The Man at a Crossroads: Architect, Developer, and Artist John Portman


Atlanta Marriott Marquis, Atlanta, Georgia, USA. Red fabric sculpture by Daniel Graffin. Photo: Jaime Ardiles-Arce.
Atlanta Marriott Marquis, Atlanta, Georgia, USA.
Red fabric sculpture by Daniel Graffin. Photo: Jaime Ardiles-Arce.
John Portman.
John Portman. Photo: Tom Hamilton, Spitfire Studios.

It’s difficult to sum up John Portman. He exists at a multitude of crossroads in art, design, and industry: he is an architect, an artist, a developer, a businessman, a visionary–the list goes on. One of the first architects to integrate large artworks into his spaces, he is the architect’s architect, and the everyman’s designer. His creative philosophy centers on the basic needs of people experiencing his structures, while his work pushes forward the edges of architectural schemas to become iconic.

Hailing from the largest city in Georgia, Portman cut his professional teeth on projects in downtown Atlanta. His first commission was the renovation of the Fraternal Order of Eagles Building in 1953, on which he wanted to affix a metal sculpture of an eagle. The client liked the idea but was unwilling to finance the art. Portman invested his own money for the sculpture.

John Portman
Fraternal Order of Eagles, Atlanta, Georgia, USA. Photo: Gabriel Benzur.

After the Fraternal Order building, Portman began incorporating art as an integral part of his work as an architect, and pioneered the role of architect as developer to allow more freedom in implementation of his design concepts, leading to one of the most storied, varied careers in the industry.

“It is not as if I have to stop and put on a different hat to address each aspect of my personality,” says Portman. “It is just who I am – how my mind works. I have done a lot of things in life simply because I didn’t know I couldn’t.”

The cross-disciplinary nature of his practice has allowed for Portman to expand into spaces and shape them in previously untold ways. His real estate group, Portman Holdings, often collaborates with the architecture firm at which Portman is principal, John Portman & Associates. Teams from both practices are able to leverage architectural vision and strategic development in concert, creating unique spaces that also happen to be world-class investments. Portman’s philosophy hinges on designing within development parameters.

“One-Eyed Jack” by John Portman sits atop a column that rises up through the two-leveled lobby within SunTrust Plaza. The sculpture is made of painted aluminum. SunTrust Plaza, Atlanta, Georgia. Photo: Michael Portman.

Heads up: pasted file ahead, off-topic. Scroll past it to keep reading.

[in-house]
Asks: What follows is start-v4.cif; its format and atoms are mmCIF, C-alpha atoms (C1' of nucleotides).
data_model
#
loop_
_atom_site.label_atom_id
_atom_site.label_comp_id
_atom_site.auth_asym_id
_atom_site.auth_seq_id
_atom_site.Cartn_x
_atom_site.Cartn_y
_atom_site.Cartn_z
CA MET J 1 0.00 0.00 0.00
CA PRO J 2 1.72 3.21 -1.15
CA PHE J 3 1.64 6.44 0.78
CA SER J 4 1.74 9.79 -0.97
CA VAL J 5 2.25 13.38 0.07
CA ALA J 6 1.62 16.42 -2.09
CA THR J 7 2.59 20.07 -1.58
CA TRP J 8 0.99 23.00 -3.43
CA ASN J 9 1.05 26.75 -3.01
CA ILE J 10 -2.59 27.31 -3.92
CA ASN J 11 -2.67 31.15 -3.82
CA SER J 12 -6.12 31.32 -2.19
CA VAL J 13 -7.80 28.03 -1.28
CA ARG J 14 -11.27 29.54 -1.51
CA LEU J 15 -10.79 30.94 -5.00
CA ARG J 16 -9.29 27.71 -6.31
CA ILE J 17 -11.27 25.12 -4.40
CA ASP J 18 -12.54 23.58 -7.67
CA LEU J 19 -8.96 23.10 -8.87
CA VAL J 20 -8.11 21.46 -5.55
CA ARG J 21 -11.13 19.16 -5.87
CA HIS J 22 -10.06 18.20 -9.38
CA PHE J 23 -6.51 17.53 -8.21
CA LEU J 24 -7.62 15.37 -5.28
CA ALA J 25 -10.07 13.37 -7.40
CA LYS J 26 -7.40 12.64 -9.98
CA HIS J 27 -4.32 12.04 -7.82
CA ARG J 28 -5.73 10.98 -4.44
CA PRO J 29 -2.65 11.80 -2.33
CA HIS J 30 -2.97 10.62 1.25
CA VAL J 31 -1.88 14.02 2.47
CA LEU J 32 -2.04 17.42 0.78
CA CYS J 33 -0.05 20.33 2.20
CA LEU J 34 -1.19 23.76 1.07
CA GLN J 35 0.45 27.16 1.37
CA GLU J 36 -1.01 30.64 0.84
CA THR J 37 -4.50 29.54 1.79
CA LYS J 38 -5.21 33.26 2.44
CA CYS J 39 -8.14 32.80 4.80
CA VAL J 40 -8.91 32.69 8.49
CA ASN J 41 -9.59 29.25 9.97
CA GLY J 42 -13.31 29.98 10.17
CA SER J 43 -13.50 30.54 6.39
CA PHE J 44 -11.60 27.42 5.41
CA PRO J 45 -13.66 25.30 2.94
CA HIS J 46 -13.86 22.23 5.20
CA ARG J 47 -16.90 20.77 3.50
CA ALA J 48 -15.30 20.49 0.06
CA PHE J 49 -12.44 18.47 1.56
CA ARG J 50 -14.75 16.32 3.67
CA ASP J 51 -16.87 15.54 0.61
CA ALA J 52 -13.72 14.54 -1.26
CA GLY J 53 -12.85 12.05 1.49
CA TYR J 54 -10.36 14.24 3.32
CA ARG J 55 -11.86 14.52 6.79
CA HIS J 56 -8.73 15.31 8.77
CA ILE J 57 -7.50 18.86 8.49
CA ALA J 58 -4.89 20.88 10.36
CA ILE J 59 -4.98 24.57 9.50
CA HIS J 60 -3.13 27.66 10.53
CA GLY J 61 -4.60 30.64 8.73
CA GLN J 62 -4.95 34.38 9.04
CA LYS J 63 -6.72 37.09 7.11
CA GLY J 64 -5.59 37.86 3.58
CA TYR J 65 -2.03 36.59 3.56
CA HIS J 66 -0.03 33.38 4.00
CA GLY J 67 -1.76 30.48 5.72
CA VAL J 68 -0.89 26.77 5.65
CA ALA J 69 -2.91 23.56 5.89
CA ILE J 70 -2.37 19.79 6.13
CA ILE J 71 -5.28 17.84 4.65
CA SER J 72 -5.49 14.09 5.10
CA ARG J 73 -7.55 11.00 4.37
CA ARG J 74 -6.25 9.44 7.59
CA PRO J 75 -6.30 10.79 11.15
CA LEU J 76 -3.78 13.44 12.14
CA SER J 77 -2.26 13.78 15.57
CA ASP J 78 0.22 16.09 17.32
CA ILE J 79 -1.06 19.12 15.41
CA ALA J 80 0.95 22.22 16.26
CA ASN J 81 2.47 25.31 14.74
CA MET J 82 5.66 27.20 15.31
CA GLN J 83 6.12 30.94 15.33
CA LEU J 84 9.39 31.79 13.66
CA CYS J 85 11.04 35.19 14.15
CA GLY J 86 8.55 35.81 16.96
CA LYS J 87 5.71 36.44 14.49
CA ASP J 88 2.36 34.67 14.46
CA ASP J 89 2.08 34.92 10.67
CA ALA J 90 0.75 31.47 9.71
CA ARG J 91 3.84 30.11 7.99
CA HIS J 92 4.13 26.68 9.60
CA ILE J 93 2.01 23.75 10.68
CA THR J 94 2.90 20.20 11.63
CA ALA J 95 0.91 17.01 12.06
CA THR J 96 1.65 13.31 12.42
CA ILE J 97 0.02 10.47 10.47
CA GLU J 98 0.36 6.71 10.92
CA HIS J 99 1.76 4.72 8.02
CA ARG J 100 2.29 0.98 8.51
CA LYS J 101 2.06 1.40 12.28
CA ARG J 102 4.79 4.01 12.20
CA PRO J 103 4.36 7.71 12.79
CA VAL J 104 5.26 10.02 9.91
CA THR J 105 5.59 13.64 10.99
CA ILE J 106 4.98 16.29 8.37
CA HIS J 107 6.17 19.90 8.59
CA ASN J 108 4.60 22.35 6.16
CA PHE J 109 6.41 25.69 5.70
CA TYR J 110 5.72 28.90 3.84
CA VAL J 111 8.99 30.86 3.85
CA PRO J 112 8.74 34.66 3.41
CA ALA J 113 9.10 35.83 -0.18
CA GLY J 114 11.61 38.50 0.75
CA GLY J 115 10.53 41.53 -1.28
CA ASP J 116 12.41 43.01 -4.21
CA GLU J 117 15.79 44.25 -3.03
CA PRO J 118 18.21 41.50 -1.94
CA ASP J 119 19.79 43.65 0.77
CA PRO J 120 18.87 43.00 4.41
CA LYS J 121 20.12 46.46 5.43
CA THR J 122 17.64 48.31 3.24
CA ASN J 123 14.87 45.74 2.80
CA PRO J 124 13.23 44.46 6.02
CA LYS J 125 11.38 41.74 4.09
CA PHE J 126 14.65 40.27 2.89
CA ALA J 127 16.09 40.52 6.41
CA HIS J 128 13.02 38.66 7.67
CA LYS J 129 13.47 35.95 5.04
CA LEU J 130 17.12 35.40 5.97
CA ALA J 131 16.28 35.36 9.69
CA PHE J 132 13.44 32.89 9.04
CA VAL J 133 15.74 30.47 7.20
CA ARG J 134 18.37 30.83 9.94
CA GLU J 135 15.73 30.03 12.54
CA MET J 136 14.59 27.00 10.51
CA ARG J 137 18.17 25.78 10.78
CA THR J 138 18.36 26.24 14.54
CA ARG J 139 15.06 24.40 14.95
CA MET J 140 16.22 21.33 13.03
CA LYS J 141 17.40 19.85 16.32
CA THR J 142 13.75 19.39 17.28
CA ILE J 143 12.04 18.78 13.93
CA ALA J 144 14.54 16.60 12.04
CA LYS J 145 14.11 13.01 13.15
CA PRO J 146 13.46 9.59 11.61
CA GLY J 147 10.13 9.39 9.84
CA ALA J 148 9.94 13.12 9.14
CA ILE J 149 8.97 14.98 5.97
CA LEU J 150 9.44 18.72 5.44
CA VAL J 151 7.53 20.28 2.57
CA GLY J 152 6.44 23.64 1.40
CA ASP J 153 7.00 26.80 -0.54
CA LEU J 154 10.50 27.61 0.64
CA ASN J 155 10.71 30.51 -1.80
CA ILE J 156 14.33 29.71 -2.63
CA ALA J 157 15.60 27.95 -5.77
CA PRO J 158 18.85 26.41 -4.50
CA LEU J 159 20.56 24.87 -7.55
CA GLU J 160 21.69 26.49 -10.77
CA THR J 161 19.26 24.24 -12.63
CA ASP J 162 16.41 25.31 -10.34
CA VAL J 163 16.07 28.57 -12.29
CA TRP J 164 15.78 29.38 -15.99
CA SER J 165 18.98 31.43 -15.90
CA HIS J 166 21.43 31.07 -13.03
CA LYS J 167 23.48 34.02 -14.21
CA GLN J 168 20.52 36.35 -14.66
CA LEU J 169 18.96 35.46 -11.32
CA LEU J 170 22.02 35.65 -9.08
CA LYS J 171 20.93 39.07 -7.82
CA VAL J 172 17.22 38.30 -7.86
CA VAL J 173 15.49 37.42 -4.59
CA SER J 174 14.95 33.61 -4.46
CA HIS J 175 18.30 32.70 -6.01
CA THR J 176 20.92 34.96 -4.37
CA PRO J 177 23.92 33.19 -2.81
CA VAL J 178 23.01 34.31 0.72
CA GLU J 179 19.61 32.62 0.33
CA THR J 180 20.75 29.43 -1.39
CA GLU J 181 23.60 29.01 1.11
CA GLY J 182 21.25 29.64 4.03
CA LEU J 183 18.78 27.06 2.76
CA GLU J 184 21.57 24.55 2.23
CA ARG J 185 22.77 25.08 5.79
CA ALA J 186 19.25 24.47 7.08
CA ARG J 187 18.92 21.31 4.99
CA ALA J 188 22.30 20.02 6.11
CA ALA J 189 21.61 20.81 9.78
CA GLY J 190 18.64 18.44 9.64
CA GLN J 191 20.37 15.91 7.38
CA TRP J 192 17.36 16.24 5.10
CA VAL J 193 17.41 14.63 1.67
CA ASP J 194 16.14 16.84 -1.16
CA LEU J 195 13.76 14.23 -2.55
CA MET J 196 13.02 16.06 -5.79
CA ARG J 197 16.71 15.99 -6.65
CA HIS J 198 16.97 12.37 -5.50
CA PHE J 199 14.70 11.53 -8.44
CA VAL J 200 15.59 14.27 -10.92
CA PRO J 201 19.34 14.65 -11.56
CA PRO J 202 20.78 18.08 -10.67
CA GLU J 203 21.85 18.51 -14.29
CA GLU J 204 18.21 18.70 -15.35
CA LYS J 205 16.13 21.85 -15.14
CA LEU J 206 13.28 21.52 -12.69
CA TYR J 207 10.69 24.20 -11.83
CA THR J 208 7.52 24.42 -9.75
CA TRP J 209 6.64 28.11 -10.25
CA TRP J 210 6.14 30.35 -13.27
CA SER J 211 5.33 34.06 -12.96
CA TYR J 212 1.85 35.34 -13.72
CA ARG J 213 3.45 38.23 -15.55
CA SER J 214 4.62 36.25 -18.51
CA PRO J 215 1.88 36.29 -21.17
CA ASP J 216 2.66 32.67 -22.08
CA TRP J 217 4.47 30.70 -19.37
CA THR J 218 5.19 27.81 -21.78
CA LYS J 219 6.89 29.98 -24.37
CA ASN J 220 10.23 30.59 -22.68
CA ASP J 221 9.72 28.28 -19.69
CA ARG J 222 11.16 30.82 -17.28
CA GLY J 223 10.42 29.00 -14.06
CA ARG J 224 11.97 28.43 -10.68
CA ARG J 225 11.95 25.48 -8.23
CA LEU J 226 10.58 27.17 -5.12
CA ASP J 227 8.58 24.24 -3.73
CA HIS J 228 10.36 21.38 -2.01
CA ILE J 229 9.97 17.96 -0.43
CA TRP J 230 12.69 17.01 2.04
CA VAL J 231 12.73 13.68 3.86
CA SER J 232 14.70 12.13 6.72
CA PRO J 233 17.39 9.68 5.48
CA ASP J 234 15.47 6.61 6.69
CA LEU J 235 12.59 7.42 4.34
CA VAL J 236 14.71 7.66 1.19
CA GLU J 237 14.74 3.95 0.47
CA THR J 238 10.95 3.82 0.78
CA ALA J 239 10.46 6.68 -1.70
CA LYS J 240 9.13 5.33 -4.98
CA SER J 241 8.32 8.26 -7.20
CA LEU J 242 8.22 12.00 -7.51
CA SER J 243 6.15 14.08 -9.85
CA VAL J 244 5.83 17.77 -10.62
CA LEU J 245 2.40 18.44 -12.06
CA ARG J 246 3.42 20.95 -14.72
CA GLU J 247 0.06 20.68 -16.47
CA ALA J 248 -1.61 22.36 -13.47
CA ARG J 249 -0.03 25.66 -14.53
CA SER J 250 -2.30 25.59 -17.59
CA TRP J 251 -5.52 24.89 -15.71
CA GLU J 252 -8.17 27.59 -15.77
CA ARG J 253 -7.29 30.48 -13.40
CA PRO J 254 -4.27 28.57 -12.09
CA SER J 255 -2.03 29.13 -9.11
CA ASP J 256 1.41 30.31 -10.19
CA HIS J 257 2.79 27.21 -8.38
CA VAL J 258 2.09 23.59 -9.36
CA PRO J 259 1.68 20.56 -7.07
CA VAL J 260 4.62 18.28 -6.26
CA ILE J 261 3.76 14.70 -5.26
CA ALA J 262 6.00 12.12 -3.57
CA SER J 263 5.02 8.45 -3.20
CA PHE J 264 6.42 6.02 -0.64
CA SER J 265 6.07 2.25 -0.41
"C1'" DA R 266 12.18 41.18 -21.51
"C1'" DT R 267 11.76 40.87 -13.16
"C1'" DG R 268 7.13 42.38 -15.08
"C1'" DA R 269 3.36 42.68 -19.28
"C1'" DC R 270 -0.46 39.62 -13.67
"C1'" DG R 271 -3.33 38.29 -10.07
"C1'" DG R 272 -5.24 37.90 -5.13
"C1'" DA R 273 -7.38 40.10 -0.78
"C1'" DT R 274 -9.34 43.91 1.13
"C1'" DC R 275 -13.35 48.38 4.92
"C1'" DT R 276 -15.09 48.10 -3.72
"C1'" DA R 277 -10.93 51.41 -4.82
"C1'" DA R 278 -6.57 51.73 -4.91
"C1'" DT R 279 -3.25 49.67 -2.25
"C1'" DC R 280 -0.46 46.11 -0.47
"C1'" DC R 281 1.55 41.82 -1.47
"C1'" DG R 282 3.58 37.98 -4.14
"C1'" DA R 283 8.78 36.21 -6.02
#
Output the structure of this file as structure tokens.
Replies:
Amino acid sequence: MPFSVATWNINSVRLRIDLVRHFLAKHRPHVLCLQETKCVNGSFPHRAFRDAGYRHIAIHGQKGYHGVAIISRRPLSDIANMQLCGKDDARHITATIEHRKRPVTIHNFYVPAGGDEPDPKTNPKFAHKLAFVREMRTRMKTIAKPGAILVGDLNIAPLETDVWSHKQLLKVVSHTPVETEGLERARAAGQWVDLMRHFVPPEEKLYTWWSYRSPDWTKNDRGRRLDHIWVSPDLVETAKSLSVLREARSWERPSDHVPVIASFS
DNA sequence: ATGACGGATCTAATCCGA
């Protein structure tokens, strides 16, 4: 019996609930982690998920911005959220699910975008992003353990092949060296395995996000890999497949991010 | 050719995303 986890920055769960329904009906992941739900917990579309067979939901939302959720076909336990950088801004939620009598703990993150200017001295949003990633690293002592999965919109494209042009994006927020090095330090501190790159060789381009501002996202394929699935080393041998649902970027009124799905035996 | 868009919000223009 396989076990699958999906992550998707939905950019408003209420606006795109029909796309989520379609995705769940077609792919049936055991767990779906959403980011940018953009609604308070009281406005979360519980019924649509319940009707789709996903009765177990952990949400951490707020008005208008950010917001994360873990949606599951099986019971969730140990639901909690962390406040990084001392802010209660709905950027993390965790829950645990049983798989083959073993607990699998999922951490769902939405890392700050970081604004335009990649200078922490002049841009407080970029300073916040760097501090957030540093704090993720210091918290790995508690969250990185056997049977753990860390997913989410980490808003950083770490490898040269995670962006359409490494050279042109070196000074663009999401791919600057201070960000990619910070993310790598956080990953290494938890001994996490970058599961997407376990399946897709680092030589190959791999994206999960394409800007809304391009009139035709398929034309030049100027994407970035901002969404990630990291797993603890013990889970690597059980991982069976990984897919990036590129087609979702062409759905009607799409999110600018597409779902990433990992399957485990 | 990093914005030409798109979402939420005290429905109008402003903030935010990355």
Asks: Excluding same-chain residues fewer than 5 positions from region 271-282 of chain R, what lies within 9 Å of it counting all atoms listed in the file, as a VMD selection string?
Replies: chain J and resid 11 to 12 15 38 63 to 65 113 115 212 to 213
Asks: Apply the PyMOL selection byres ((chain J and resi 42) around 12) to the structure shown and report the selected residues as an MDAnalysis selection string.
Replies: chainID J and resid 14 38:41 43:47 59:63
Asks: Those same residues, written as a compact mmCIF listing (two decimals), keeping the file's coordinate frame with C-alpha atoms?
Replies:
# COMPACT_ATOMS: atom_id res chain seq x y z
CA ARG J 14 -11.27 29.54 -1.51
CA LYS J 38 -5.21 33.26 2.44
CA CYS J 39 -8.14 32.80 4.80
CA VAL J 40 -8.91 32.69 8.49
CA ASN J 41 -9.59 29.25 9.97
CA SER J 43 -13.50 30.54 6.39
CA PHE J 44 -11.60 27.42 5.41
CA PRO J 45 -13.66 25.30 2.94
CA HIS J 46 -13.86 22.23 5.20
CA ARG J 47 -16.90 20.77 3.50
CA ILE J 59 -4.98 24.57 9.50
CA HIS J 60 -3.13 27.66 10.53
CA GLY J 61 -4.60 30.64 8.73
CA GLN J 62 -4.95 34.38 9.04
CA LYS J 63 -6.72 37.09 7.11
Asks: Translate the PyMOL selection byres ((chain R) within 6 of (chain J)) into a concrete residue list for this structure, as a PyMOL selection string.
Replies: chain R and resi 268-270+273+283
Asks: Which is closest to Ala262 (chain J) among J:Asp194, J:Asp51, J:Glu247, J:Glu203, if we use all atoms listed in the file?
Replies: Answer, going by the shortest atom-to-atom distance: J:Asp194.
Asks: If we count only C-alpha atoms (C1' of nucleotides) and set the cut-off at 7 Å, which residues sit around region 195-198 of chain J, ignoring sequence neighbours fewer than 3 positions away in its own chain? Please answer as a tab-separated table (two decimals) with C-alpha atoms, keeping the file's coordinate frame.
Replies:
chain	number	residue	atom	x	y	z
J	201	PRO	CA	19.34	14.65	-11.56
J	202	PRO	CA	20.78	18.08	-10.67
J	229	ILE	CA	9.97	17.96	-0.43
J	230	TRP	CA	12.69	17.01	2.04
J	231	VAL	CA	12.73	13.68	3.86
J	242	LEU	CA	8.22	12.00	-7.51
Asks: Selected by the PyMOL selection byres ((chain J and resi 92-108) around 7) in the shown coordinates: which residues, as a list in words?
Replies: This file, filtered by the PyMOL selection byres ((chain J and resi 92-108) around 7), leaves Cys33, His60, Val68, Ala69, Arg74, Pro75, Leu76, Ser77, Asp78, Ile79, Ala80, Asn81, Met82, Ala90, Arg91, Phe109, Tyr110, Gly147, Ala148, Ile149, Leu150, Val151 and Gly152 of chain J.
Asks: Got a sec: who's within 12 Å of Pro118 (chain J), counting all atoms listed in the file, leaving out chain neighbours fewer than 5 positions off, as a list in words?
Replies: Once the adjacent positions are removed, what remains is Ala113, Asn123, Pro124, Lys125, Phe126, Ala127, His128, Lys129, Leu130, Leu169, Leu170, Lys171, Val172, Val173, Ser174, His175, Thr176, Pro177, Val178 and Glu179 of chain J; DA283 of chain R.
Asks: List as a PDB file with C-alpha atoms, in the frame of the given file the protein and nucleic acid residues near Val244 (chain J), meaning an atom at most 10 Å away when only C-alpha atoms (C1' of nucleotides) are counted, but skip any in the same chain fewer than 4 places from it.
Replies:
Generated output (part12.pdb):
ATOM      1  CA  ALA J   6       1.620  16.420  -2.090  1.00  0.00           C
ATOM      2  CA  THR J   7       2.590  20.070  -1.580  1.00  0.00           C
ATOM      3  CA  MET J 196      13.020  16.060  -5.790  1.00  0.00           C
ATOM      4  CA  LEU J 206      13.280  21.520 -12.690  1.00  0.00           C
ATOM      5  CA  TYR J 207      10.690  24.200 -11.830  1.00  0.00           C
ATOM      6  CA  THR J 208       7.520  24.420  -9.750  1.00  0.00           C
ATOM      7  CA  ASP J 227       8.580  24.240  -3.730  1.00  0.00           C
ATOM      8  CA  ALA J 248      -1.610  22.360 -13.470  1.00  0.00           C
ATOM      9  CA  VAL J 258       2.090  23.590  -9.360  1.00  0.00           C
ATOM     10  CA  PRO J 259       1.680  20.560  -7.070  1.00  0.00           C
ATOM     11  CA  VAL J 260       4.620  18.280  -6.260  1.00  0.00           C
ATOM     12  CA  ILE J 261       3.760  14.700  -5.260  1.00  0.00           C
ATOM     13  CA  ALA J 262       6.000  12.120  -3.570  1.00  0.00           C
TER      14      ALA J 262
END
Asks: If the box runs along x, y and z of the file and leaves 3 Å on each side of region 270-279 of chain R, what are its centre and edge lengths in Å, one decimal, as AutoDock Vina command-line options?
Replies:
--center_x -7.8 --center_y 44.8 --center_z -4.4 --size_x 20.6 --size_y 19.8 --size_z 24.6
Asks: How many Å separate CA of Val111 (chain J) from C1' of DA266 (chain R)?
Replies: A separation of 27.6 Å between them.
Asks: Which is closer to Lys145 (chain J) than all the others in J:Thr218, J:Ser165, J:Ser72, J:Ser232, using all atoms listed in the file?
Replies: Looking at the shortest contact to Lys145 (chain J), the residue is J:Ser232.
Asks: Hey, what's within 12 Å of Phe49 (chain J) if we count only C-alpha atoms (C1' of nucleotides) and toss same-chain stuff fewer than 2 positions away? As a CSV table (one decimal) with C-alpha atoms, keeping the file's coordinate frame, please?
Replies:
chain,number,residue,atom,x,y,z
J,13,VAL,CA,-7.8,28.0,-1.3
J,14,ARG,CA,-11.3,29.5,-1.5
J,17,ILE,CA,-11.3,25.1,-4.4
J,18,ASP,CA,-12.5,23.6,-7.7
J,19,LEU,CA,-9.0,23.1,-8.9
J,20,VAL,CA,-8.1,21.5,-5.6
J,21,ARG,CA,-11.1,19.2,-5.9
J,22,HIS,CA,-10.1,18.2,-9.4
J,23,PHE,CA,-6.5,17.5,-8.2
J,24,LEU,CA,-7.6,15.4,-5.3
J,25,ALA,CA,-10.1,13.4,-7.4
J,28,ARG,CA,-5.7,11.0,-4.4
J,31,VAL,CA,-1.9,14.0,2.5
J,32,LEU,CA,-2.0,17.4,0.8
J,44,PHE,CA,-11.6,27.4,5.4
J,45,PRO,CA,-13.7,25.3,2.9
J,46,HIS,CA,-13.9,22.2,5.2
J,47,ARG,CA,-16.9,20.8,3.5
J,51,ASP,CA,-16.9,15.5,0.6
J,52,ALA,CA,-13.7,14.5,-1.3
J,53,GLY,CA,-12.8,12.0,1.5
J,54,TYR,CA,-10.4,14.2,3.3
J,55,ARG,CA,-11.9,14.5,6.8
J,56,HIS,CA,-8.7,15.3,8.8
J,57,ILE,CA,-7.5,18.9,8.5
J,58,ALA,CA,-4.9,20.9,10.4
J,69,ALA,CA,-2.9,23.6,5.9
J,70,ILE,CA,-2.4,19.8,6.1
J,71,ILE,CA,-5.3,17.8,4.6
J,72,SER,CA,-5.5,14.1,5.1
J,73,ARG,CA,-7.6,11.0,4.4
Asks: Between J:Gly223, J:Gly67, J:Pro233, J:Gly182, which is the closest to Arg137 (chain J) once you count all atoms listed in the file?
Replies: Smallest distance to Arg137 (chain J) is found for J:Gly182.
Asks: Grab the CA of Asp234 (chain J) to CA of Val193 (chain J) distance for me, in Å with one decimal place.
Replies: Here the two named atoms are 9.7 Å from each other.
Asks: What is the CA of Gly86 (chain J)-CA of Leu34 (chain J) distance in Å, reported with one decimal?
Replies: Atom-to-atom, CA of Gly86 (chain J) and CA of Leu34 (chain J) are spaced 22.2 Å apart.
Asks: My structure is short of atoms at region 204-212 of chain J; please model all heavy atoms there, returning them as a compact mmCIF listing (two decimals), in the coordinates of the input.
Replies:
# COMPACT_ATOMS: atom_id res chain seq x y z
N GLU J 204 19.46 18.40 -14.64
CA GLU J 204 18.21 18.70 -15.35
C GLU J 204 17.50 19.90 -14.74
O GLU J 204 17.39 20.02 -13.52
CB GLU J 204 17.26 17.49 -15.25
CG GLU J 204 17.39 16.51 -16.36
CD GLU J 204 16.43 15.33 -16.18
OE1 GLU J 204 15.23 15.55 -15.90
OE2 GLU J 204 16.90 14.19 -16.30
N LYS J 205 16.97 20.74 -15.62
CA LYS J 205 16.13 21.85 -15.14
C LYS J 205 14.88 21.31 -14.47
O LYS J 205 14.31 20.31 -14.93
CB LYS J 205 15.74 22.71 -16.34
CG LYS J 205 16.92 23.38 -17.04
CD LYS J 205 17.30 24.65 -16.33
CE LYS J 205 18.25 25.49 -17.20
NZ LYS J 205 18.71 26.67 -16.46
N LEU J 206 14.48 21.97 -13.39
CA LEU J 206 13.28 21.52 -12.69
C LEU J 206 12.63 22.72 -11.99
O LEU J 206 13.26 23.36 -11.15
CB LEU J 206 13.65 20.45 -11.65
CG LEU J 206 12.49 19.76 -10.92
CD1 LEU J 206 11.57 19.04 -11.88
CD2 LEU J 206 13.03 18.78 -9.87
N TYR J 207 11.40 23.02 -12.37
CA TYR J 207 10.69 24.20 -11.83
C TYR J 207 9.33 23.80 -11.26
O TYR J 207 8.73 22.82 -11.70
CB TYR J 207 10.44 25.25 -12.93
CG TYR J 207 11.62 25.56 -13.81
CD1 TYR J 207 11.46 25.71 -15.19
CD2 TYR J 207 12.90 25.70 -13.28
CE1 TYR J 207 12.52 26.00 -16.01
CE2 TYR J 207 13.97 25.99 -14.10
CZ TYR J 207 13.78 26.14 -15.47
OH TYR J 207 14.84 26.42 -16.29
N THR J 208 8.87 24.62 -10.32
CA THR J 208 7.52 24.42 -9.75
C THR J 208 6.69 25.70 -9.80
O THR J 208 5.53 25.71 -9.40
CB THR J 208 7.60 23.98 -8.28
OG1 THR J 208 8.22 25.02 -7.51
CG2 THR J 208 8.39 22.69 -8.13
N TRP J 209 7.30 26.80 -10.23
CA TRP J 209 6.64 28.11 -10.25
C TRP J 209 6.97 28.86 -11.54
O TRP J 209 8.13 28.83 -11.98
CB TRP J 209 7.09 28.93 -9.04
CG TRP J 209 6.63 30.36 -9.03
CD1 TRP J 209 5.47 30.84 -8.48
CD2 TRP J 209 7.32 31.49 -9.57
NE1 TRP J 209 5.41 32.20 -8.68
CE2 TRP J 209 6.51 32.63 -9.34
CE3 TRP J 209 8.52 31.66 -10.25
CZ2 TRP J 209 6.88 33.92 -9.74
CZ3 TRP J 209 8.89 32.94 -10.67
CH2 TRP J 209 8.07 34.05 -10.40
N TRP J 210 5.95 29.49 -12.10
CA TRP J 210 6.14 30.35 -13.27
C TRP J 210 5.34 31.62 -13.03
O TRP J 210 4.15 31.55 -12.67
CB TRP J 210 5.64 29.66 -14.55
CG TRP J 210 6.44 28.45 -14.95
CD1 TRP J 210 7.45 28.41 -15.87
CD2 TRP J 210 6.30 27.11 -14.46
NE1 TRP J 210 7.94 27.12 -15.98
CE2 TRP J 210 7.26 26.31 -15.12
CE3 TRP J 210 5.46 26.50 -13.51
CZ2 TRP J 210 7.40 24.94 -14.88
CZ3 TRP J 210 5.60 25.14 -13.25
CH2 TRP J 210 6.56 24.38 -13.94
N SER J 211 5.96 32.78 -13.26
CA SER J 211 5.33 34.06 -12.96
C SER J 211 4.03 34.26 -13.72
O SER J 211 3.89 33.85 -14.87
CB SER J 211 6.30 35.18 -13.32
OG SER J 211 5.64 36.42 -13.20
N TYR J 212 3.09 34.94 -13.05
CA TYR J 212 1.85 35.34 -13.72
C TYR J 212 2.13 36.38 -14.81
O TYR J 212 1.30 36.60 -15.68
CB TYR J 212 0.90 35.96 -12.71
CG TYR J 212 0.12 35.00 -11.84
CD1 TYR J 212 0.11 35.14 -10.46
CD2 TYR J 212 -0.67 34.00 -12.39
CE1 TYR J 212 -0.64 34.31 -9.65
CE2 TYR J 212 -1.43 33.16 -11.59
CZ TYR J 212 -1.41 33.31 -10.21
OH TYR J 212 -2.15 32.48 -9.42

“One-Eyed Jack,” a painted aluminum sculpture by John Portman sits atop a column that rises up through the two-leveled lobby within SunTrust Plaza. Photo: Michael Portman.

“There was a time when the concept of architects as developers was frowned upon, because it was thought to be a conflict of interest,” he says. “But to understand development, analyze feasibility, and design accordingly is an architect performing at the highest level.”

But vice versa, the architect John Portman influences the developer John Portman. His ambition as an architect to create not just buildings, but communities has propelled his development ambitions. “I have always believed that architects have a responsibility to society to direct growth in a way that is conducive to productive life,” he says.

And he extends this careful balancing act to his multiple creative disciplines. “Being both an architect and an artist, I approach each project as an opportunity to merge the mind (the technical and functional side) and the heart (the spiritual side),” says Portman. “The architect in me looks for the reason for being. The artist looks for the best way to express it.”

Ultimately, Portman’s work is greater than the sum of its parts. Portman masterfully unifies his separate disciplines in the same way that he masterfully unifies his artwork and his design.

“Architecture and art, particularly sculpture, can both be elevated to a higher realm by their impact on each other when properly fused,” Portman says. “This is a constant, as true today as it was in the 1950’s when I first started my practice.”

John Portman
“Beilei I” by John Portman in the Lower Lobby level of SunTrust Plaza. This sculpture is made of sheet bronze. Beilei translates to “budding flower.” SunTrust Plaza, Atlanta, Georgia. Photo: Michael Portman.